By David Dorf-Oracle on Nov 14, 2012
There's been lots of chatter recently on how retailers will combat showrooming this holiday season. Best Buy and Target, for example, plan to price-match certain online sites. But from my perspective, the whole showrooming concept is overblown. Yes, mobile phones make is easier to comparison-shop, but consumers have been doing that all along. Retailers have to work hard to merchandise their stores with the right products at the right price with the right promotions. Its Retail 101.
Yeah ok, many websites don't have to charge tax so they have an advantage, but they also have to cover shipping costs. Brick-and-mortar stores have the opportunity to provide expertise, fit, and instant gratification all of which are pretty big advantages.
I see lots of studies that claim a large percentage of shoppers are showrooming. Now I don't do much shopping, but when I do I rarely see anyone scanning UPC codes in the aisles. If you dig into those studies, the question is usually something like, "have you used your mobile phone to price compare while shopping in the last year." Well yeah, I did it once -- out of the 20 shopping trips. And by the way, the in-store price was close enough to just buy the item. Based on casual observation and informal surveys of friends, showrooming is not the modus-operandi for today's busy shoppers.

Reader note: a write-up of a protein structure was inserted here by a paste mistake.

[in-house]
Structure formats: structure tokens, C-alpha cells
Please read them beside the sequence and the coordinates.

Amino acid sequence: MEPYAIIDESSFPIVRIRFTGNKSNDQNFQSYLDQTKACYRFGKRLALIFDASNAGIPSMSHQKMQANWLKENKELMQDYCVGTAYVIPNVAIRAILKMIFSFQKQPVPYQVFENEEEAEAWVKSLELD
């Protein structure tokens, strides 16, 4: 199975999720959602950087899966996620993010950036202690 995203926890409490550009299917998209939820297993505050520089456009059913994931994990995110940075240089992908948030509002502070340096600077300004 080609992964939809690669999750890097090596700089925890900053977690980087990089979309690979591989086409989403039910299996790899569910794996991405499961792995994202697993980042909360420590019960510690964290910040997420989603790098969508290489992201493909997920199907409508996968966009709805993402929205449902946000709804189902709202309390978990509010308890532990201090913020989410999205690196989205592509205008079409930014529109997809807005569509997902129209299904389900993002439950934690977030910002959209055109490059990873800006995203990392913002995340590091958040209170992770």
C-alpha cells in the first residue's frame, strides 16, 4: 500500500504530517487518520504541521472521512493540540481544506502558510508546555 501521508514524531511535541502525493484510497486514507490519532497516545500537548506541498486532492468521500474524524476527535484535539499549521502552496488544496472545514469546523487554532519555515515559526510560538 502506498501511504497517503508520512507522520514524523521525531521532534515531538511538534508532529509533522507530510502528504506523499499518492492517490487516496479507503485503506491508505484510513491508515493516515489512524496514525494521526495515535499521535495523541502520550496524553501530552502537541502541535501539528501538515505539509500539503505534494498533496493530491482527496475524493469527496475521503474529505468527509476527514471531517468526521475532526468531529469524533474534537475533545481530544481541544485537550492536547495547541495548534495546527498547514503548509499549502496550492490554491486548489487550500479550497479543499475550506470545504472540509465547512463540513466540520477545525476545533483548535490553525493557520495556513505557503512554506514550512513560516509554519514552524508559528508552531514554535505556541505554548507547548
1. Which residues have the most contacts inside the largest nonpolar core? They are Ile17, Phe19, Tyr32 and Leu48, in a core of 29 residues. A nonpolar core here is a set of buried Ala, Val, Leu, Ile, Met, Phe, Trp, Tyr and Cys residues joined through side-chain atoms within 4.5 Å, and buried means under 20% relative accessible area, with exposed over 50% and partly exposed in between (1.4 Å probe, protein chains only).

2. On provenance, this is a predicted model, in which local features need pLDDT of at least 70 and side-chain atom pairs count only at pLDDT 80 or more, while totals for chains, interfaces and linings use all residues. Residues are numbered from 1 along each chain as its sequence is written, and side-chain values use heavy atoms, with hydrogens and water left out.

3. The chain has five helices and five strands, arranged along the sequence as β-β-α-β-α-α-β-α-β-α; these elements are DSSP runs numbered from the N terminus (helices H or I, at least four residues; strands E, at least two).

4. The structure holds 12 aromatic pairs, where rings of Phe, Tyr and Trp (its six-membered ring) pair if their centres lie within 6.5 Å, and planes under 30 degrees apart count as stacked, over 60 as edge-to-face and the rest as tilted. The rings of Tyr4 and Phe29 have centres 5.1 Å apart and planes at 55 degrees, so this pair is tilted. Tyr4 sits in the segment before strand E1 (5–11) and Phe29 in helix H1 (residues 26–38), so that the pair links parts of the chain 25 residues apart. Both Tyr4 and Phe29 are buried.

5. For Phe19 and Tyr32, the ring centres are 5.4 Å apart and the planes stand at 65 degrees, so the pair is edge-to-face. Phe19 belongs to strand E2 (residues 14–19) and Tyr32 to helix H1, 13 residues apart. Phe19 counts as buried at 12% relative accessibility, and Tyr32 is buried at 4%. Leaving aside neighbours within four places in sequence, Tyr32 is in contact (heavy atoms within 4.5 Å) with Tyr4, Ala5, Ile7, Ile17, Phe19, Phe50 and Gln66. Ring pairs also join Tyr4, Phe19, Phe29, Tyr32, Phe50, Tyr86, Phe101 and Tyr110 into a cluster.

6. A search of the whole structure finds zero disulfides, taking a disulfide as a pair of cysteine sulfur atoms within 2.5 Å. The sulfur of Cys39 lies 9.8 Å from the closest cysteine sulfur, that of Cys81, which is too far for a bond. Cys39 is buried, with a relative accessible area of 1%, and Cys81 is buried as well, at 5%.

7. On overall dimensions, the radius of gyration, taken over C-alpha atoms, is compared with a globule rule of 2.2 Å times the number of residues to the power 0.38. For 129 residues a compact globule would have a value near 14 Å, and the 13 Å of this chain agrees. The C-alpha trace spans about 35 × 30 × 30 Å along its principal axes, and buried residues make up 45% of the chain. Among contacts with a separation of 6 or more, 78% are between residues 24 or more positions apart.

I never see people showrooming in grocery stores, and most people don't bother for fashion. For big purchases like appliances and furniture, I bet most people do their research online before entering the store. The cases where I've done it was to see if a promotion was in fact a good deal. Or even to make sure the in-store price is the same as the online price for the same brand.
So, if you think you're a victim of showrooming, I suggest you look at the bigger picture. Are you providing an engaging store experience? Are you allowing customers to shop the way they want to shop, using various touchpoints? Are you monitoring the competition to ensure prices are competitive? Are your promotions attracting the right customers?
Hubert Jolly, CEO of Best Buy, recently commented that showrooming might just get more people into his stores. "Once customers are in our stores, they're ours to lose."